The Wisconsin SEO’s strategic plan may be key to keeping the Badger State’s $26.5 billion dairy industry in its national leadership role as a major employer of more than 146,000 people, according to the Wisconsin Department of Agriculture, Trade and Consumer Protection (DATCP).
The analysis shows an additional potential of roughly 15 to 20 megawatts (MW) of electrical generation capacity from biogas existing in Wisconsin, according to the study prepared for the Wisconsin SEO.
The plan was then taken a step further by creating a set of tools identifying waste-reducing energy applications in Wisconsin. The biogas economic model and toolkit allow biogas users to create a feasibility evaluation to tangibly examine use of feedstock from as many as 10 farms or different processing plants.
The second tool is a development map, created in cooperation with the University of Wisconsin using ArcGIS software. The map shows biogas stakeholders a wide range of users from Confined Animal Feeding Operations (CAFOs) to wastewater treatment plants − a usable tool designed to aid waste producers in making informed, waste-to-energy feasibility decisions.
Another tool: ERIC’s lab
Partnering with the University of Wisconsin-Oshkosh’s Environmental Research Innovation Center (ERIC), Baker Tilly provides another analytical tool to determine high level feedstock feasibility.
ERIC’s lab, which includes a commercial-scale dry fermentation digester, is able to analyze specific feedstocks. The analysis, when paired with the economic modeling and mapping tools, is able to determine high-level feasibility of potential biogas partnerships or projects.
The studies and feasibility tools have garnered notice among interested parties − both internally and externally.
"Converting waste from these facilities for renewable energy applications may provide a meaningful tool as part of the state’s future energy mix in the areas of heat and power generation," observed Tom Unke, Leader of Baker Tilly’s Energy and Utility Practice.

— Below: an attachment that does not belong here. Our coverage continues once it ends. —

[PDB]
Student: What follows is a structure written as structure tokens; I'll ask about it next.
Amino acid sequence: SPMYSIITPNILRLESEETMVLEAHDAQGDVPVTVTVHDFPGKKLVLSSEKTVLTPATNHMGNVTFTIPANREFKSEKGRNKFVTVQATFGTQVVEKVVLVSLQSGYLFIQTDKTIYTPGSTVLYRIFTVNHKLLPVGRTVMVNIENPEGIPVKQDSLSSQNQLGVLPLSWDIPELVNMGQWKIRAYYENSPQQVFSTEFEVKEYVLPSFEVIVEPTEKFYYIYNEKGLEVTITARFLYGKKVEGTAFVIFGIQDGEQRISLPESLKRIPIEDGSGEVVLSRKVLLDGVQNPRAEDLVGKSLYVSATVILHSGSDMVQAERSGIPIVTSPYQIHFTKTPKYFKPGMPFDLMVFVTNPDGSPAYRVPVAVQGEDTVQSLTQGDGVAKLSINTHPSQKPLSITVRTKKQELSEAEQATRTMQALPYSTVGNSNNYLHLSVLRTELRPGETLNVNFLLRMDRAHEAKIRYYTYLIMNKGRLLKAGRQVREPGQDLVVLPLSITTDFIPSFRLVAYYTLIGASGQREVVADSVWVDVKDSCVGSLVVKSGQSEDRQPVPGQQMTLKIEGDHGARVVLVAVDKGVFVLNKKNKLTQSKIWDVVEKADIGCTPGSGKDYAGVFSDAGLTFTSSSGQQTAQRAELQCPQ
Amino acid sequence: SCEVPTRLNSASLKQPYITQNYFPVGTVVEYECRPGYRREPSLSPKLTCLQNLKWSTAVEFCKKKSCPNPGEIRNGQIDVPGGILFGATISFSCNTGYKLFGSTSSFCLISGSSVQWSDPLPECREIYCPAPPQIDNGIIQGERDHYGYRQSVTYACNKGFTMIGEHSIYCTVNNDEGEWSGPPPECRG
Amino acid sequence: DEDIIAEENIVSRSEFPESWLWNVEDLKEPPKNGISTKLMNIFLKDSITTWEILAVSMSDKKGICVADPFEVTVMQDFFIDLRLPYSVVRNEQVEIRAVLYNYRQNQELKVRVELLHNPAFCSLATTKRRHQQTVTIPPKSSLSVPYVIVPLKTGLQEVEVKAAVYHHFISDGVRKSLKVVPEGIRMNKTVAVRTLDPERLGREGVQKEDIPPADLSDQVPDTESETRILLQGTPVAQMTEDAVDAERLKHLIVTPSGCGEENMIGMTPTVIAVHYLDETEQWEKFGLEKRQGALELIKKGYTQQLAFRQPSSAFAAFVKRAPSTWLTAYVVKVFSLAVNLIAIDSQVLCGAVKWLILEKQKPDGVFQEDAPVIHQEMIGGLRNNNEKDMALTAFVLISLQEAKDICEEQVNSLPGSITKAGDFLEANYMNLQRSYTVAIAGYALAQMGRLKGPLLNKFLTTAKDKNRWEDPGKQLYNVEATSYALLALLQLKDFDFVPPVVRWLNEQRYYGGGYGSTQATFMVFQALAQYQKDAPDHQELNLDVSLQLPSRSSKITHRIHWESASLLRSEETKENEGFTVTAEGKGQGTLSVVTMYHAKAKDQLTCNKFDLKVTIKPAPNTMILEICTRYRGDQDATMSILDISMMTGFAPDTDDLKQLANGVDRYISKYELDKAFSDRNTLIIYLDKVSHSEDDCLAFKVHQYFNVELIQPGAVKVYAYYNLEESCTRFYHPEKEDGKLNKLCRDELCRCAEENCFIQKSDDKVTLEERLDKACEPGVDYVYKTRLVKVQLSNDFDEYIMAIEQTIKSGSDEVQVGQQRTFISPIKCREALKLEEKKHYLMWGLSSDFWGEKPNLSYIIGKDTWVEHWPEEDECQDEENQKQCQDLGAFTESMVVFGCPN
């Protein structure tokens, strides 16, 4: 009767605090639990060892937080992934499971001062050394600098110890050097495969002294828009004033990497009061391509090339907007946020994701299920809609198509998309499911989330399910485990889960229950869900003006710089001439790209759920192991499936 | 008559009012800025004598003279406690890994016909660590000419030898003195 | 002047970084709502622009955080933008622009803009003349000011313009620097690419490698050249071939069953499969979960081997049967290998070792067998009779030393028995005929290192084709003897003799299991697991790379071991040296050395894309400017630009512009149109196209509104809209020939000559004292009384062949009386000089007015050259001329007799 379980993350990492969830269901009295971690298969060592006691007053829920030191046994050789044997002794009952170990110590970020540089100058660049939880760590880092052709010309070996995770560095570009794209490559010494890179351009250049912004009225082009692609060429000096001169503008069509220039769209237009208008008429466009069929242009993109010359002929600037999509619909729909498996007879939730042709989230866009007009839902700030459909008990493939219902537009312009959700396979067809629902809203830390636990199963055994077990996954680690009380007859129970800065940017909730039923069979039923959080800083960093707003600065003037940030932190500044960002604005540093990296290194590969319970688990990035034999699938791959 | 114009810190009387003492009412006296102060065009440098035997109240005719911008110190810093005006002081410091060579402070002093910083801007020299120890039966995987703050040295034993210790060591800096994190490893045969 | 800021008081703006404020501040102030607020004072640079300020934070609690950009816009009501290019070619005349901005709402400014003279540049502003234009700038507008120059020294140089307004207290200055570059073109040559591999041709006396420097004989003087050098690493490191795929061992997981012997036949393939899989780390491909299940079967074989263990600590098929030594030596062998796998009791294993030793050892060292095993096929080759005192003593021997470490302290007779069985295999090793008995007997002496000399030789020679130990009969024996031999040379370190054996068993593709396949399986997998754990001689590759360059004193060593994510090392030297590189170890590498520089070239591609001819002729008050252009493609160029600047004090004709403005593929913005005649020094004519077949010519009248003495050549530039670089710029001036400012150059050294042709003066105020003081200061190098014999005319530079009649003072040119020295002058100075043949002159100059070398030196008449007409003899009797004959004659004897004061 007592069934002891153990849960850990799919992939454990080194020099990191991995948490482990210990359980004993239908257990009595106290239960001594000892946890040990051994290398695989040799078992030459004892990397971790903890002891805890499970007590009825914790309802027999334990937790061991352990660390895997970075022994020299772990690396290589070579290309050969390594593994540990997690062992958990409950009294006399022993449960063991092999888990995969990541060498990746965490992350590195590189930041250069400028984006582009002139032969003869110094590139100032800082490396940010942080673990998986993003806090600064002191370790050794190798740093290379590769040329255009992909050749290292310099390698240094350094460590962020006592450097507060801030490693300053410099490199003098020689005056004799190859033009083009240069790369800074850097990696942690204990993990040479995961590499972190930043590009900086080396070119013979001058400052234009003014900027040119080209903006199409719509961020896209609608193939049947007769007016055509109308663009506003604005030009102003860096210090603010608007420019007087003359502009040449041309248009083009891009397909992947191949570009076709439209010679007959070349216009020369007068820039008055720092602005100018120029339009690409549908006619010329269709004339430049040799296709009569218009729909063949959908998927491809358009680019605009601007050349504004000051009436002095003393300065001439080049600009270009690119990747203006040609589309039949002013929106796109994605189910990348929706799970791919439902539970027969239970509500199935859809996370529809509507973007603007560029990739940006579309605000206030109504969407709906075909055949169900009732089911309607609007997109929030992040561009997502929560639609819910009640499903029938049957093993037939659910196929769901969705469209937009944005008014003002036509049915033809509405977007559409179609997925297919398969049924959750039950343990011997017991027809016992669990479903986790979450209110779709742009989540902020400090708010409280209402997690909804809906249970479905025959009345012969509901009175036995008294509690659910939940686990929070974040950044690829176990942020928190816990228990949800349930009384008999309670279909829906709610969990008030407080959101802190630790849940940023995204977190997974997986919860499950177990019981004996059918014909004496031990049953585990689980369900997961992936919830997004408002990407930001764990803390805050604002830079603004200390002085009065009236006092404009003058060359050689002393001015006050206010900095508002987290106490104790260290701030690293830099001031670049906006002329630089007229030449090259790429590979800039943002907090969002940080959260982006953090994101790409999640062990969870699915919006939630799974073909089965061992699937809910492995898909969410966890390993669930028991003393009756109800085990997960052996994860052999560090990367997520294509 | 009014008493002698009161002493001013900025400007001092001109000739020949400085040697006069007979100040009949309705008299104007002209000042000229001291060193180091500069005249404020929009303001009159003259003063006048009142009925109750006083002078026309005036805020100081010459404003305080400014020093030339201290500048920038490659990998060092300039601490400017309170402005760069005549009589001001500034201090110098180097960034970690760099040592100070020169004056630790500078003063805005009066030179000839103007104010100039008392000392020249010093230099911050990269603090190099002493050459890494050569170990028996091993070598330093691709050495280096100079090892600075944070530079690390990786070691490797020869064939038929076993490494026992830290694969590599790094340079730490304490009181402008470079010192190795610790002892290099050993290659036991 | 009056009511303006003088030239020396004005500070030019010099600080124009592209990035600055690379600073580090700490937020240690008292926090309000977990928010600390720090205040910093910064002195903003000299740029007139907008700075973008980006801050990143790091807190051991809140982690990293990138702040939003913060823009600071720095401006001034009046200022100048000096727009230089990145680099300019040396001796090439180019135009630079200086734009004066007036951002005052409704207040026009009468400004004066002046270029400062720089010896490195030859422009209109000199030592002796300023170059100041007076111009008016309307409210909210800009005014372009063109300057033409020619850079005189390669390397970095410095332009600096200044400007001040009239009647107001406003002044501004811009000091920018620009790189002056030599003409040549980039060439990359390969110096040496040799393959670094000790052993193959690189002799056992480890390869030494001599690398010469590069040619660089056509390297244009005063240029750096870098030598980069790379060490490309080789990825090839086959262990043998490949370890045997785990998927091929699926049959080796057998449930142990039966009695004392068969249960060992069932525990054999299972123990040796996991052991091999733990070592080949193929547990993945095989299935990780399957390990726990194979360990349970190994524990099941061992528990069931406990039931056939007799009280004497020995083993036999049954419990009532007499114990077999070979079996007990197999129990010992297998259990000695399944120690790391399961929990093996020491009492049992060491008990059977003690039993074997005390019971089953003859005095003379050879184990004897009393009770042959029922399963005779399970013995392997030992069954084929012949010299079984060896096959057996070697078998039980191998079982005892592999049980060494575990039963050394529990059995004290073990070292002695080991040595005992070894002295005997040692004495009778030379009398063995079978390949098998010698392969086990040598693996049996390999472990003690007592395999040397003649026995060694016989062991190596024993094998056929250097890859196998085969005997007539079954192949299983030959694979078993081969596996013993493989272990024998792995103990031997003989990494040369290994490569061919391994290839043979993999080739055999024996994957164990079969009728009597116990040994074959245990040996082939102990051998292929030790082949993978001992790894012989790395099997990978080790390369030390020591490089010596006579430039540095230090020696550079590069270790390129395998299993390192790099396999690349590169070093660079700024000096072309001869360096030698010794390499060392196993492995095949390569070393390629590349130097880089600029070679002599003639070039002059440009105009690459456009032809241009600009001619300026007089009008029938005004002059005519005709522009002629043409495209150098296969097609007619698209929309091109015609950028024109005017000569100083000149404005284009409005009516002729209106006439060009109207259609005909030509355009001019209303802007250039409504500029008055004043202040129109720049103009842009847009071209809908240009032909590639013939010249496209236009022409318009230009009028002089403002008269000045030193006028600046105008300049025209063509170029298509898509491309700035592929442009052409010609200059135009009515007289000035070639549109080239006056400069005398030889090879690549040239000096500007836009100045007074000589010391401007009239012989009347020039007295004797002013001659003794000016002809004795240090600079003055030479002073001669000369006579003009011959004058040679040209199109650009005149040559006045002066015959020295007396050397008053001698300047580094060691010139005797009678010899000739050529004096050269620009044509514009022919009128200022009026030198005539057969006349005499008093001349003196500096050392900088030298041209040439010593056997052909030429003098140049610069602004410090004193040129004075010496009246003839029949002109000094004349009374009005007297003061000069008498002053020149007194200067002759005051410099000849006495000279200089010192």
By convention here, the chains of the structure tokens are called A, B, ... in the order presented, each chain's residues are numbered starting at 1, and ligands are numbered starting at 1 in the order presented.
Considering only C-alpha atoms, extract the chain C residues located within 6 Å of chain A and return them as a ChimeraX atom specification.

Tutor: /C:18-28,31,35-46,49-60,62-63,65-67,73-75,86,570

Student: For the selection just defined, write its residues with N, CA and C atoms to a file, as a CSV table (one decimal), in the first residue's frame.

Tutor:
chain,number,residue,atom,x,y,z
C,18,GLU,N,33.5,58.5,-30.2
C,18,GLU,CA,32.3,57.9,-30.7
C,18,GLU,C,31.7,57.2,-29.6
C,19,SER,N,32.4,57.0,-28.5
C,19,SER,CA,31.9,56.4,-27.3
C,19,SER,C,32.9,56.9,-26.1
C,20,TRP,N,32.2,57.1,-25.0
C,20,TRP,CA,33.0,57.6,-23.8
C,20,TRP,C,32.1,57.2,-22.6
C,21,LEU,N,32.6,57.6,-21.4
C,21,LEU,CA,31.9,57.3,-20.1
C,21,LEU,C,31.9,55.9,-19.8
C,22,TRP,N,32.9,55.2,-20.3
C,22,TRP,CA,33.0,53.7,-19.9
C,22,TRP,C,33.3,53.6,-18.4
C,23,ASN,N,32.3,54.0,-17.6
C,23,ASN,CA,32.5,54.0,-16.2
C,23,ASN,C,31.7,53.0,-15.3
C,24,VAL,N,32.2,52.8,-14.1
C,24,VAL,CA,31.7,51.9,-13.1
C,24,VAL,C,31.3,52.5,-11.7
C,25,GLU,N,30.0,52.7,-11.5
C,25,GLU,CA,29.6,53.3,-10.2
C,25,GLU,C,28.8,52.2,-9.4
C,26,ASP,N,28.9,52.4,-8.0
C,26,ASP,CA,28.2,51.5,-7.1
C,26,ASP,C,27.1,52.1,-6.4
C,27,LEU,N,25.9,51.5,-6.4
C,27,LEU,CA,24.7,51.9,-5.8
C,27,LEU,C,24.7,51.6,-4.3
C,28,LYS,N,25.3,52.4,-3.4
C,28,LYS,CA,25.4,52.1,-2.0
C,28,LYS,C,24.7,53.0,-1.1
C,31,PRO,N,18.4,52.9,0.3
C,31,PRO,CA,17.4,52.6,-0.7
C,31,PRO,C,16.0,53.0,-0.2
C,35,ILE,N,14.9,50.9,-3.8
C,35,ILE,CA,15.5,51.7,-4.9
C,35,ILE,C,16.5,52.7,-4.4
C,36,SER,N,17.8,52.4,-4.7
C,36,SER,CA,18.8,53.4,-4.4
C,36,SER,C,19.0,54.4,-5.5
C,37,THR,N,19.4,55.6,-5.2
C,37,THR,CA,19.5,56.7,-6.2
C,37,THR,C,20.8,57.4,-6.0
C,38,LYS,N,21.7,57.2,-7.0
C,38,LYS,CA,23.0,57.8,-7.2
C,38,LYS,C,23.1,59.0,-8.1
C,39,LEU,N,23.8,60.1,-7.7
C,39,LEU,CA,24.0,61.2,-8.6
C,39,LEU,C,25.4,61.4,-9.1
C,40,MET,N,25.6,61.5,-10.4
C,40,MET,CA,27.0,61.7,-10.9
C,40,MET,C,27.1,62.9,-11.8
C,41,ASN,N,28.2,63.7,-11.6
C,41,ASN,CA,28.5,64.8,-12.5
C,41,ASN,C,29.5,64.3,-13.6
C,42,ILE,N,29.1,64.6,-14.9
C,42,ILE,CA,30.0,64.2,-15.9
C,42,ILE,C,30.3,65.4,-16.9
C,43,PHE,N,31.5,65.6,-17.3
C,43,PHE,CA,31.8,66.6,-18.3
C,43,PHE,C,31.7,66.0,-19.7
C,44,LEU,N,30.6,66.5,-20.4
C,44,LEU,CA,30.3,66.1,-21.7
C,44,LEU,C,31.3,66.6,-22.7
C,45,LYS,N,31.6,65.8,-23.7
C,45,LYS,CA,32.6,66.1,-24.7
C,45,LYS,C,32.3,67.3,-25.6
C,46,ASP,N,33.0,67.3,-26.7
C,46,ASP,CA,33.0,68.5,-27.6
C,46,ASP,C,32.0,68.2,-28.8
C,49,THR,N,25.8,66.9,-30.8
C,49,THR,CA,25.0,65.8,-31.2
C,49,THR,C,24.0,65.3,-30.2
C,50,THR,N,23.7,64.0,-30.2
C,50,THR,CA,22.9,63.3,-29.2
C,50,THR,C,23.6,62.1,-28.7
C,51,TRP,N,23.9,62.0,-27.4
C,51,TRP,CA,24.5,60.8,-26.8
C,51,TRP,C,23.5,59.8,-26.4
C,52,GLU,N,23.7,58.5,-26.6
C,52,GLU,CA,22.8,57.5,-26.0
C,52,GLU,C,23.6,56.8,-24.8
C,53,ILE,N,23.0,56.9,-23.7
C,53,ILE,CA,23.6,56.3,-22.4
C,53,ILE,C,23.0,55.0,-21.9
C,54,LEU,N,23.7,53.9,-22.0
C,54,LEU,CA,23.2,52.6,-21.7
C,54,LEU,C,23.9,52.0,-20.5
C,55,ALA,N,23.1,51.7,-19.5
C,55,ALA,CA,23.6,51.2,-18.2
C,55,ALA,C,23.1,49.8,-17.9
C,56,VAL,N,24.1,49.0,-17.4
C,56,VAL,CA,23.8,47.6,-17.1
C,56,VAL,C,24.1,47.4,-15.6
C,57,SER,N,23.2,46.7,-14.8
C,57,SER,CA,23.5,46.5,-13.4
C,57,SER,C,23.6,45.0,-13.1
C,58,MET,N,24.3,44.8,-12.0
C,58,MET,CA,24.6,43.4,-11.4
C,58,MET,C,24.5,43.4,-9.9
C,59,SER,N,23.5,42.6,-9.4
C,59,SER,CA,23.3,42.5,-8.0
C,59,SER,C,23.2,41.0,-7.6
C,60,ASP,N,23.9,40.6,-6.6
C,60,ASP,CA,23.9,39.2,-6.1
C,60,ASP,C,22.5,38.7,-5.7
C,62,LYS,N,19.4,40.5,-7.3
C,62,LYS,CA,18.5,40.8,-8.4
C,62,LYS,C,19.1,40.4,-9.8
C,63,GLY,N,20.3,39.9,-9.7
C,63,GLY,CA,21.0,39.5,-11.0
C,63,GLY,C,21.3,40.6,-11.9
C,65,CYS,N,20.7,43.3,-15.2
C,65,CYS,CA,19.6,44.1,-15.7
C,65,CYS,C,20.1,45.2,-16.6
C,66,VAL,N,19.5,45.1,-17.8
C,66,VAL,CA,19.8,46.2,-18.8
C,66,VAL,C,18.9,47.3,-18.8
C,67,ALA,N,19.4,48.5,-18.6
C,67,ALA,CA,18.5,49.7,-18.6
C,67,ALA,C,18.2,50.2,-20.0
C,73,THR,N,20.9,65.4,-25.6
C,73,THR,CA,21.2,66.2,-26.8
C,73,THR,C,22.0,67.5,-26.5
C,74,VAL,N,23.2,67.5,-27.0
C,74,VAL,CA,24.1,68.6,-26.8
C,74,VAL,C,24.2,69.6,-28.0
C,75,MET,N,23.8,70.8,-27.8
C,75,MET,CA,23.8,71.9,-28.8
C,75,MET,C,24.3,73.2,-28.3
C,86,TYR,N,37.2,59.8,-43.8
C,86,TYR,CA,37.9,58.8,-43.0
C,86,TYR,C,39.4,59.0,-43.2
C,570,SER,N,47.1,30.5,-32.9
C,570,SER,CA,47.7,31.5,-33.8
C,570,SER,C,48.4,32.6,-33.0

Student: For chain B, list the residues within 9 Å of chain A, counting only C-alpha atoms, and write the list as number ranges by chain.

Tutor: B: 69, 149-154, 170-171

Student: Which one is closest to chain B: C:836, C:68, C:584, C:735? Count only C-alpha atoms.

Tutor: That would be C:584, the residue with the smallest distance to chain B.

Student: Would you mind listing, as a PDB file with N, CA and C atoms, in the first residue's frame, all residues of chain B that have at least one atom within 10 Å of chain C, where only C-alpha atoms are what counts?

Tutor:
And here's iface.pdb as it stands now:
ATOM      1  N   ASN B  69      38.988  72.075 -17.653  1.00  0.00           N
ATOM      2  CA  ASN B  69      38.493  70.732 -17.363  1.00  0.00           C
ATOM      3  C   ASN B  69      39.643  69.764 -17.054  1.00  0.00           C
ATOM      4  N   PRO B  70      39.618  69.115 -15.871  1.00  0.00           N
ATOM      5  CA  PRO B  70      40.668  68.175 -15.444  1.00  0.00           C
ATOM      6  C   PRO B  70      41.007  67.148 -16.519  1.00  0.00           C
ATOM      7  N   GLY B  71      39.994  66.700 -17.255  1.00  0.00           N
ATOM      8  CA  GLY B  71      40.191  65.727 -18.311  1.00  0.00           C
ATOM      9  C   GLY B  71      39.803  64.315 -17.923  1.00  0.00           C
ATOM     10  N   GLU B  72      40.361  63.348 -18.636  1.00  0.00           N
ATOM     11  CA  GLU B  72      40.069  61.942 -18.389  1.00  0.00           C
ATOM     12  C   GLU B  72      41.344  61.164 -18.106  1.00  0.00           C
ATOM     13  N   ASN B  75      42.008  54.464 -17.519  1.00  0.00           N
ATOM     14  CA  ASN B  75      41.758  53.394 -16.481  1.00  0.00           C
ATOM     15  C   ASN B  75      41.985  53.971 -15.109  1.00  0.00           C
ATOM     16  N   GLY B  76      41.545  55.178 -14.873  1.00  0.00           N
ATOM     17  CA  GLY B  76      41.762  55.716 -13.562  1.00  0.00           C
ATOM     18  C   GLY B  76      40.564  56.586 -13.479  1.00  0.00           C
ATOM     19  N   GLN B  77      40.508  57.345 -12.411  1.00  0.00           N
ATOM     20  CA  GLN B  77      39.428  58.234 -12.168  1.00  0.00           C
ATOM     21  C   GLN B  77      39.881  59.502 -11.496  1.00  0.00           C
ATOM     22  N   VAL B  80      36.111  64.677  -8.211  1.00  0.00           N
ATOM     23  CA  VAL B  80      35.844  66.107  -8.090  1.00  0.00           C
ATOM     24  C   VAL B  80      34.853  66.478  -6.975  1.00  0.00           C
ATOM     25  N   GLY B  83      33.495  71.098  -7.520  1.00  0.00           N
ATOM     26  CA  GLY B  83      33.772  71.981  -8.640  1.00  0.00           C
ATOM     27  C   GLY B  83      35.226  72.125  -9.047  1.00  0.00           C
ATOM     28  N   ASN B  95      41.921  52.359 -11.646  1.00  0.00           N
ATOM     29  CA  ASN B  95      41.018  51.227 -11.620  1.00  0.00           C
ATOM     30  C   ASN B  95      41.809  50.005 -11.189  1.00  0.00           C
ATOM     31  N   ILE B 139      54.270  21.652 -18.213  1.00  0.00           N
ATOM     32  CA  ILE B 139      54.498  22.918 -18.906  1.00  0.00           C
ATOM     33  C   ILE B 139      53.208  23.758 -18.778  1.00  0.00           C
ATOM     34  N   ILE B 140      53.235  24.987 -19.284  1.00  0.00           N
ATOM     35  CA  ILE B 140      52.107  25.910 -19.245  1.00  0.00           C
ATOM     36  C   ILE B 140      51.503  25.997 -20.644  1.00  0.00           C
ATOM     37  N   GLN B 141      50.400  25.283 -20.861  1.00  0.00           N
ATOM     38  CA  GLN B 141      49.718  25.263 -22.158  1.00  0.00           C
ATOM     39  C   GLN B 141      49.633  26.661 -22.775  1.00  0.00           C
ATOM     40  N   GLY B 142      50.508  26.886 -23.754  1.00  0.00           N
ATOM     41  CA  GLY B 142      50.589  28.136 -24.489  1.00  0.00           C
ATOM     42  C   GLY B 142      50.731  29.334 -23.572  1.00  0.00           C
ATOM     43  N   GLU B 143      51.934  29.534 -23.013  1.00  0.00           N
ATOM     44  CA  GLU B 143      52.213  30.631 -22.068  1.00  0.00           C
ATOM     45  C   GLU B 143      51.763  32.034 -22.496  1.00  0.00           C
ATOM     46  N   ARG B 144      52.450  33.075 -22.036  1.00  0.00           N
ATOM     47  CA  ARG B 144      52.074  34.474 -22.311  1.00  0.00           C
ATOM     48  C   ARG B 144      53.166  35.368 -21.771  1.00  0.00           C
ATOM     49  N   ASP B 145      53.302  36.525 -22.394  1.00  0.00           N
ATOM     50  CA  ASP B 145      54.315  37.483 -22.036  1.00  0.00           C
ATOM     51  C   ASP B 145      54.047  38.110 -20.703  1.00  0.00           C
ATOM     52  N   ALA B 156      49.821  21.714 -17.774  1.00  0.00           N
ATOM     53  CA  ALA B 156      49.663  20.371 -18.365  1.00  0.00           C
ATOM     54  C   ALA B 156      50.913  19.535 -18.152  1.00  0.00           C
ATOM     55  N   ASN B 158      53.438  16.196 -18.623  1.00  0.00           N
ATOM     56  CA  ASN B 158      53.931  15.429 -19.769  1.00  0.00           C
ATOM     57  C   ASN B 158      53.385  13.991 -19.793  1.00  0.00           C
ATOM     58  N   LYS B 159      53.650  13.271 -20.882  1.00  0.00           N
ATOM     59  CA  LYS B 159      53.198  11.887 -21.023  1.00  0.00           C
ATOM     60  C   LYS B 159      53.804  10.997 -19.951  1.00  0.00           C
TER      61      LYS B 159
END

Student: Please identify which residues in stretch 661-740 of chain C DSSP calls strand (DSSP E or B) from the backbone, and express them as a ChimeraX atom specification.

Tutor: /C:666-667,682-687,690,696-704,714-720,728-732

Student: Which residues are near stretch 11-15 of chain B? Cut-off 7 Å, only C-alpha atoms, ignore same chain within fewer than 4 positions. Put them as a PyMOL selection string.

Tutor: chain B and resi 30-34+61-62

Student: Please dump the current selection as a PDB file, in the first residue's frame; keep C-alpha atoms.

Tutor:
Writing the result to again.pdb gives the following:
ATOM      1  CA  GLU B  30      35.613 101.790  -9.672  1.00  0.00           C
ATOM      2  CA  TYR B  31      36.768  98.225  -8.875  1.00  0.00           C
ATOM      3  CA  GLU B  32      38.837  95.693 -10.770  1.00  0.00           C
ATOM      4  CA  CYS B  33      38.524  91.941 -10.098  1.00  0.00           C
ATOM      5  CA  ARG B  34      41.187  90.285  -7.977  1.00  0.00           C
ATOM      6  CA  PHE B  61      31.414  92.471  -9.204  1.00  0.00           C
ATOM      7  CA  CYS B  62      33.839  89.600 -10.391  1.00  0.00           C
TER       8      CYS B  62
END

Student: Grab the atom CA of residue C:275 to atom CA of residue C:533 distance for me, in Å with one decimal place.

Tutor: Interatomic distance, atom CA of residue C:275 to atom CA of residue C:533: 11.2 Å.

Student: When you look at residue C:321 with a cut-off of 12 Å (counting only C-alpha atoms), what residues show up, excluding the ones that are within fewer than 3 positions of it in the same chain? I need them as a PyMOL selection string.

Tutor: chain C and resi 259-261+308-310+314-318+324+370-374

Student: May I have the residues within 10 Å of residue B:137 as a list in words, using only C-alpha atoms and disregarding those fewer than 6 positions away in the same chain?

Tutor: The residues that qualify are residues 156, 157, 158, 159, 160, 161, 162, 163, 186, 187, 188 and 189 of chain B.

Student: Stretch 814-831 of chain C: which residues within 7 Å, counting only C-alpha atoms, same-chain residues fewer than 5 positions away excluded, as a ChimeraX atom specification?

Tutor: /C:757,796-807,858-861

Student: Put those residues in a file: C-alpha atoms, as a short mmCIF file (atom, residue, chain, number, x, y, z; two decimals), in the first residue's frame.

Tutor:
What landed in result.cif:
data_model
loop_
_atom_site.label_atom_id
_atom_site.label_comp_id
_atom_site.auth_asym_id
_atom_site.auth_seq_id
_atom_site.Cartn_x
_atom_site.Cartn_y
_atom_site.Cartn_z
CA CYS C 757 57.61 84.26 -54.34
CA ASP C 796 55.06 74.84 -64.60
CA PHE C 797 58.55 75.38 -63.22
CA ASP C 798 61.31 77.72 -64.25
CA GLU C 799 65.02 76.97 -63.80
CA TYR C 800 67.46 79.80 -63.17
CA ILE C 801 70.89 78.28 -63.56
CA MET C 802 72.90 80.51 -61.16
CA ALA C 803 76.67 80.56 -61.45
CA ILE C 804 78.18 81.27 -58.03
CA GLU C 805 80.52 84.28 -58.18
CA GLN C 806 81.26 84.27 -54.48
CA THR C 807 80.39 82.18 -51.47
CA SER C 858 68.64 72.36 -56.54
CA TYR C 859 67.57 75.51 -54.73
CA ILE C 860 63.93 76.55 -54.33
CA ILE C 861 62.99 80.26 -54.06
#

"The tools allow interested parties to identify where feedstock is located and determine the cost-effectiveness of the project," remarked Kevin Vesperman, Division of Energy Services Administrator for the Wisconsin Department of Administration.
Showing its willingness to demonstrate cost-effectiveness to the dairy industry, the tools were rolled out recently at the World Dairy Expo, which was held October 2-6 in Madison, Wisconsin.
While biogas projects can be a benefit for WI, and potentially other states, it is important in any new business development to accurately assess the economic benefit prior to taking action. With the tools created, mainly the feedstock map, biogas lab, report, and the economic model, the State should now have a better ability to further understand the potential of areas which can benefit from the development of community oriented anaerobic facilities.
Using the tools already created for Wisconsin, Baker Tilly’s Food and Beverage and Energy practices intend to replicate and customize them for other states and regions throughout the United States − leveraging tax credits, loans and partnerships to create more opportunities for food and beverage producers as well as ranchers, farmers, and cooperatives. This is being done in an effort to encourage sustainable, cost-effective food production practices. To learn more about this opportunity, please contact firstname.lastname@example.org.